Occupy Wall St The 99% We Are, Yoda stencil, Great Eastern Street, Hackney, London.jpg

Inadvertent art-photos of the Soviet-era Czech secret police


In 2010, Vice Magazine commemorated the publication of the Institute for the Study of Totalitarian Regimes' "Prague Through the Lens of the Secret Police" with a set of photos taken by the Soviet-era Czech secret police. As noted, these photos, shot blindly with hidden cameras, are actually pretty good art-photography.

They were spying full-time on average citizens, hoping to catch them in a situation that could lead to a swift arrest and a lengthy incarceration in some dank, hidden cell. With their cameras secreted in a suitcase or under a coat, the agents had no idea what was being captured while they were taking these pictures. Their negatives, in which one finds brilliant snatches of street life from a time that few outsiders were able to see, are full of unexpected gems. Total art from a bunch of Communist lackeys and thugs. Who would have thunk it?

State-Sponsored Voyeurism (via How to Be a Retronaut)

Shredding company's awesome logo


Snapped yesterday near my flat in east London, this Irish shredding company's logo on the back of their truck. Talk about "does what it says on the tin!"

Awesome logo on hard-drive-shredding service's lorry, Brunswick Place, Hackney, London, UK

Anonymous set of photos labelled "Pics from a Chinese gangsters phone" show torture, cars, puppies, piles of money


An unattributed, anonymous set of images on Imgur purports to be an album of photos recovered from a "Chinese gangsters phone." They show a heavily tattooed man lounging with enormous piles of money, hanging out with a series of luxury cars, and participating in the torture of an unnamed man. They also show a pile of luxury goods, and the man hanging out with a cute dog. ABC's Karson Yiu notes that one of the man's cars has a Beijing number plate, another a number plate from Tianjin, and that the recurrence of "8888" in the plates is an indicator of status within the system, as "All 8 license plates are usually reserved for the especially privileged whether by power, fortune or connections."

Viral Pics Show Chinese ‘Gangsta’ Fondling Porsches, Puppies and Purse (Thanks, Fipi Lele!)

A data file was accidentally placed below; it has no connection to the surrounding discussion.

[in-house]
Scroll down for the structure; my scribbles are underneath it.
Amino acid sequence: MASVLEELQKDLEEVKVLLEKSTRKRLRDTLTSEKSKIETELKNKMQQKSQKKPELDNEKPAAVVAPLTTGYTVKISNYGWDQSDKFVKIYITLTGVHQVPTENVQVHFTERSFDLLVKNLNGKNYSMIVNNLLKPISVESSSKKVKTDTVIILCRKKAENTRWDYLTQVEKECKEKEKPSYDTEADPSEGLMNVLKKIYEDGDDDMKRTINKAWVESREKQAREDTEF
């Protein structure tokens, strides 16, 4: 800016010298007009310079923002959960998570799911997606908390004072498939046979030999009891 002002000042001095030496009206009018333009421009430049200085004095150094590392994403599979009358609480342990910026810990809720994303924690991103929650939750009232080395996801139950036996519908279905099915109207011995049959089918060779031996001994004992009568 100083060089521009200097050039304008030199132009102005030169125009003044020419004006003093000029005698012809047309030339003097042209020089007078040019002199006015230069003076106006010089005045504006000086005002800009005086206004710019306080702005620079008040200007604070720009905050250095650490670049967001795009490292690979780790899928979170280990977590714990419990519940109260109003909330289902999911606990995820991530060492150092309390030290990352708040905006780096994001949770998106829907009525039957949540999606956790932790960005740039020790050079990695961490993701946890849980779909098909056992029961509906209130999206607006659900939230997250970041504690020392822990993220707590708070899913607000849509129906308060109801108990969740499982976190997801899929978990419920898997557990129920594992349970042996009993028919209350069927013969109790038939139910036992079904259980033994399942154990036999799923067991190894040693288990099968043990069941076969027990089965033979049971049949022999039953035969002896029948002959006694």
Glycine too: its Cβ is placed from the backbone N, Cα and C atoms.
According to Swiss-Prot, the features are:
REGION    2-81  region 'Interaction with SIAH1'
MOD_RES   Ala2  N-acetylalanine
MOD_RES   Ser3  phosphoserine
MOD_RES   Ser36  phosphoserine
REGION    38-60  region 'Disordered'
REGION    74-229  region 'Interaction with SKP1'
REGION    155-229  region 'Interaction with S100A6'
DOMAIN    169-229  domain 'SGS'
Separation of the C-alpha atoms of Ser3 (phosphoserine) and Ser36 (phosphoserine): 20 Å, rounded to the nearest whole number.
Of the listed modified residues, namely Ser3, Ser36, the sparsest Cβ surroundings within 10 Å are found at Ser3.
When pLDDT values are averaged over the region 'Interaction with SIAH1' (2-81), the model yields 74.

Just look at this mutant triple banana.


Just look at it.

I see your double banana, and raise you another banana... I introduce MUTANT TRIPLE BANANA! (i.imgur.com)

X-rays of flowers


Avi sez, "Brendan Fitzpatrick has made a beautiful series of x-ray photographs of flowers." And he's selling prints!

Floral X-rays (Thanks, Avi!)

Sax-playing gorilla at your party


There's little provenance for this photo and the distinctive service offered therein (just a note that it was "donated" by Andrew Wightman), but it appears to date back some while. I don't suppose musical gorillas are still on offer in this hurly-burly modern age.

My kind of party. Donated from Illustrator extraodinaire and friend of the waves Andrew Wightman.

Kim Jong-Un got a Gun

North Korean leader Kim Jong-Un aims a rifle at the Sporting Bullet Factory, built in 1996 at the order of the North's late leader Kim Jong-il. The factory produces "sporting bullets" for developing military sports. Its exact location is undisclosed. Undated picture released by the North's KCNA news agency in Pyongyang, on February 23, 2012. Wonder what sort of computers those are, and what they're running? (REUTERS/KCNA)

Ambiguously ironic superfluous grocer's apo'strophe


Alice spotted this coffee cart from the (above average) London coffee chain Apostrophe, which includes a superfluous apostrophe. It's either ironic or too clever by far.

Oh the irony.

RFID blocking at the point-of-sale


Spotted by the cash-register at London Drugs, a giant discount pharmacy-cum-big-box-store in downtown Vancouver, these cheap RFID-blocking credit-card sleeves.

RFID-blocking wallet, point of sale, London Drugs, Vancouver, BC

Italian Isaac Asimov graffiti